I am amazed how often I hear this friendly phrase, "Welcome to North Dakota." At first I thought this must be an organized group of North Dakotans, like a Welcome Word Wagon, welcoming people to North Dakota. But now I realize there is a more sinister, hidden meaning behind that famous phrase.
My first year here I must have heard, "Welcome to North Dakota" at least 30 times. I just figured these friendly North Dakotans realized from my accent that I wasn't from here and they were just welcoming me to North Dakota. I would smile and say, "Why, thank you," which they always followed up with an awkward smile.
Now my second year here, I must have heard, "Welcome to North Dakota" another 30 times. I did notice, "Welcome to North Dakota" was always said in the winter and only when talking about the weather. So I figured anytime there's a blizzard, below zero temps, brutal wind chills or even if you are stuck in the snow, the kind people of North Dakota want you to feel good about living here and they are just trying to lift your spirits when the weather has you down.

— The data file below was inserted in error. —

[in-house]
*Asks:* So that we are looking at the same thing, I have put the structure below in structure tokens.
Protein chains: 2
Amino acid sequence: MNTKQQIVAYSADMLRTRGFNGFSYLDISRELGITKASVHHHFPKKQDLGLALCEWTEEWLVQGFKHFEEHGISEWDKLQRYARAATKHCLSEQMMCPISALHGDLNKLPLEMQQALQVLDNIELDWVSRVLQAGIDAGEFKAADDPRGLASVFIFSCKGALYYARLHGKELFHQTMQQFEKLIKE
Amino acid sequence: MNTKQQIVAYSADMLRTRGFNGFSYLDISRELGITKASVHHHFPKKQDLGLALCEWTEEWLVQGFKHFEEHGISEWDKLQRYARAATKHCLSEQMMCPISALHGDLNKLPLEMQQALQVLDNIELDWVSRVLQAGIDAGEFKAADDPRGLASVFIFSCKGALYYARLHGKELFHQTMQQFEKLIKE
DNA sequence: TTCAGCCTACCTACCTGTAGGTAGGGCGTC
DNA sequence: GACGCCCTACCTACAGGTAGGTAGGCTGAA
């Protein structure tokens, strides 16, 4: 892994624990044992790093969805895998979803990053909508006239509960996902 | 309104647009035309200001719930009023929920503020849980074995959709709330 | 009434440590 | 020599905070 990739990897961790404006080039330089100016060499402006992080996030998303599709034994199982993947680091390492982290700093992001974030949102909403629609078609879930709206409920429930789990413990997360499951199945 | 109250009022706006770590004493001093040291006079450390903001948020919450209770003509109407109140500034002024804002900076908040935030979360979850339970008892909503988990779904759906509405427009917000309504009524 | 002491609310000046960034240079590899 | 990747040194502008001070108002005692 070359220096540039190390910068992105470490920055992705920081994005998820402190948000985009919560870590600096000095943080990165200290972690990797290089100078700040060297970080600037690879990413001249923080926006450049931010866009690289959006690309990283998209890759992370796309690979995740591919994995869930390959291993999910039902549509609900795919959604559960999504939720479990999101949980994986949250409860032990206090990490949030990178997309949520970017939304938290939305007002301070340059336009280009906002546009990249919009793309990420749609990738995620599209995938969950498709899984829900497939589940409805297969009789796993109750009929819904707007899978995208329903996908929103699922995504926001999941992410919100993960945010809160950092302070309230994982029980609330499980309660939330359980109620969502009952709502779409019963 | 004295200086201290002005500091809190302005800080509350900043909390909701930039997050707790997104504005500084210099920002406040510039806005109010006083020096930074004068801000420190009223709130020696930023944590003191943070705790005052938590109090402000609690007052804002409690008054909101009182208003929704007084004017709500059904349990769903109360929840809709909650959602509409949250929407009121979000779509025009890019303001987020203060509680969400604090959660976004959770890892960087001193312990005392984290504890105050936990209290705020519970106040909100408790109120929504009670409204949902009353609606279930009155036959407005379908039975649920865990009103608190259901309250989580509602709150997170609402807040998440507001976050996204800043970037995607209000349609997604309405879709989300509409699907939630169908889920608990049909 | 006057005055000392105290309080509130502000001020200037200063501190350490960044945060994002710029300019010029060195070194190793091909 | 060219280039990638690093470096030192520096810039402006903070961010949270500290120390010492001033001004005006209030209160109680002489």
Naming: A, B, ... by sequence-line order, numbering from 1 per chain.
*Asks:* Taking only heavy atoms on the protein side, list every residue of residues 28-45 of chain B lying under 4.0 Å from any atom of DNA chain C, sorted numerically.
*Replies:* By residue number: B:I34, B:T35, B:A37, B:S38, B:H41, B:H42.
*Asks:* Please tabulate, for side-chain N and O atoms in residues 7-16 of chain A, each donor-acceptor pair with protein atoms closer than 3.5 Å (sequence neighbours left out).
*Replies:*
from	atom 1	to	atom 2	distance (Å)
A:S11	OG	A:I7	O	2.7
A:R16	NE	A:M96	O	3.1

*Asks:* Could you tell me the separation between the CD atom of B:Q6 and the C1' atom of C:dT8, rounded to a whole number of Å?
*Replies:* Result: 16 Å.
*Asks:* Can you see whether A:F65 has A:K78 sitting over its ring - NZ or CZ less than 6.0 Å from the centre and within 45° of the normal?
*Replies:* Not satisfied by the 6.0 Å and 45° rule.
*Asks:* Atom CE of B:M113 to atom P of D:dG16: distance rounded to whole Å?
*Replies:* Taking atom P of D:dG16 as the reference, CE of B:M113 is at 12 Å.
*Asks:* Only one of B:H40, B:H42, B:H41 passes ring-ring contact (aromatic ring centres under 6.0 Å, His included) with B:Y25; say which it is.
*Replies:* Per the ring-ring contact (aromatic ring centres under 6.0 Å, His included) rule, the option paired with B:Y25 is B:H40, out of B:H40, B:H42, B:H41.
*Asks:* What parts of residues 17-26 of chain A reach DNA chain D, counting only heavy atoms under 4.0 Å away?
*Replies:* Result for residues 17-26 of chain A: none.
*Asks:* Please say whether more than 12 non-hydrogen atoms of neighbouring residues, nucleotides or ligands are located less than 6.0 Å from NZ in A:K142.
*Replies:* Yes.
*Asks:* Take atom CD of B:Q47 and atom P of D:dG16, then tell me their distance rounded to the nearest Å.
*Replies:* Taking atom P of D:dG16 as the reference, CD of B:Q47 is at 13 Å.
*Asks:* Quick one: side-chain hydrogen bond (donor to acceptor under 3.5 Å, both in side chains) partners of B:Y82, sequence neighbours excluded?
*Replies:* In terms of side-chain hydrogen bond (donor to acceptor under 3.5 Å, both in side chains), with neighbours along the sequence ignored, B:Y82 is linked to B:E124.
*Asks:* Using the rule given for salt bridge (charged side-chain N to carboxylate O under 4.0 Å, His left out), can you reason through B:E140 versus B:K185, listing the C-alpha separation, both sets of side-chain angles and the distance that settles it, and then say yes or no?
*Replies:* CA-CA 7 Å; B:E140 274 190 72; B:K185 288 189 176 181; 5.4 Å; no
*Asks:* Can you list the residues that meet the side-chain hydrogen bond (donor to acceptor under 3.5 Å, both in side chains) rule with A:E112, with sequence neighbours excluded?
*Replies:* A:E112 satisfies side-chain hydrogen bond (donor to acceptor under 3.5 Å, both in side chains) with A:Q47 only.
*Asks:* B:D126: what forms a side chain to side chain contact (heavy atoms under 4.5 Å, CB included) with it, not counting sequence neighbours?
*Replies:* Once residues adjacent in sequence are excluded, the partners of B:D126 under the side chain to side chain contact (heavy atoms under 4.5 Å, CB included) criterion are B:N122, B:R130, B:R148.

It is the beginning of my third winter in North Dakota and already the Welcome Word Wagon is out in force. I was standing in line at the grocery store chatting with the lady behind me about the dreadful weather and again that well-known phrase was stated.
Now before I tell you what she said to me, I want to say this lady went rogue. I'm sure she broke all of the Welcome Word Wagon's guidelines for welcoming people and lifting their spirits. What she unknowingly did was leak out the true meaning behind that common phrase, "Welcome to North Dakota."
All I said was, "Boy, it's nasty out there." Then that sweet lady replied, "Welcome to North Dakota. What do you expect it is winter and you are in the North Dakota. This happens every year."
She went on to say, "It always amazes me when people complain about the weather. Don't they know it's winter and they are in the northern plains?"
I know a lot of you think Texans talk slow, but y'all talk sneaky. While you smile saying, "Welcome to North Dakota" what you are really saying is, "Duh! Now shut up about the weather."
So now I'm left wondering what the real meaning is behind that other famous phrase, "Why Not Minot." The only answer I could think of for the question, why not Minot, would be the harsh winter weather here, but if I said that, then I would be set up for another friendly, "Welcome to North Dakota."
(Cindy Johnson is a community columnist for The Minot Daily?News)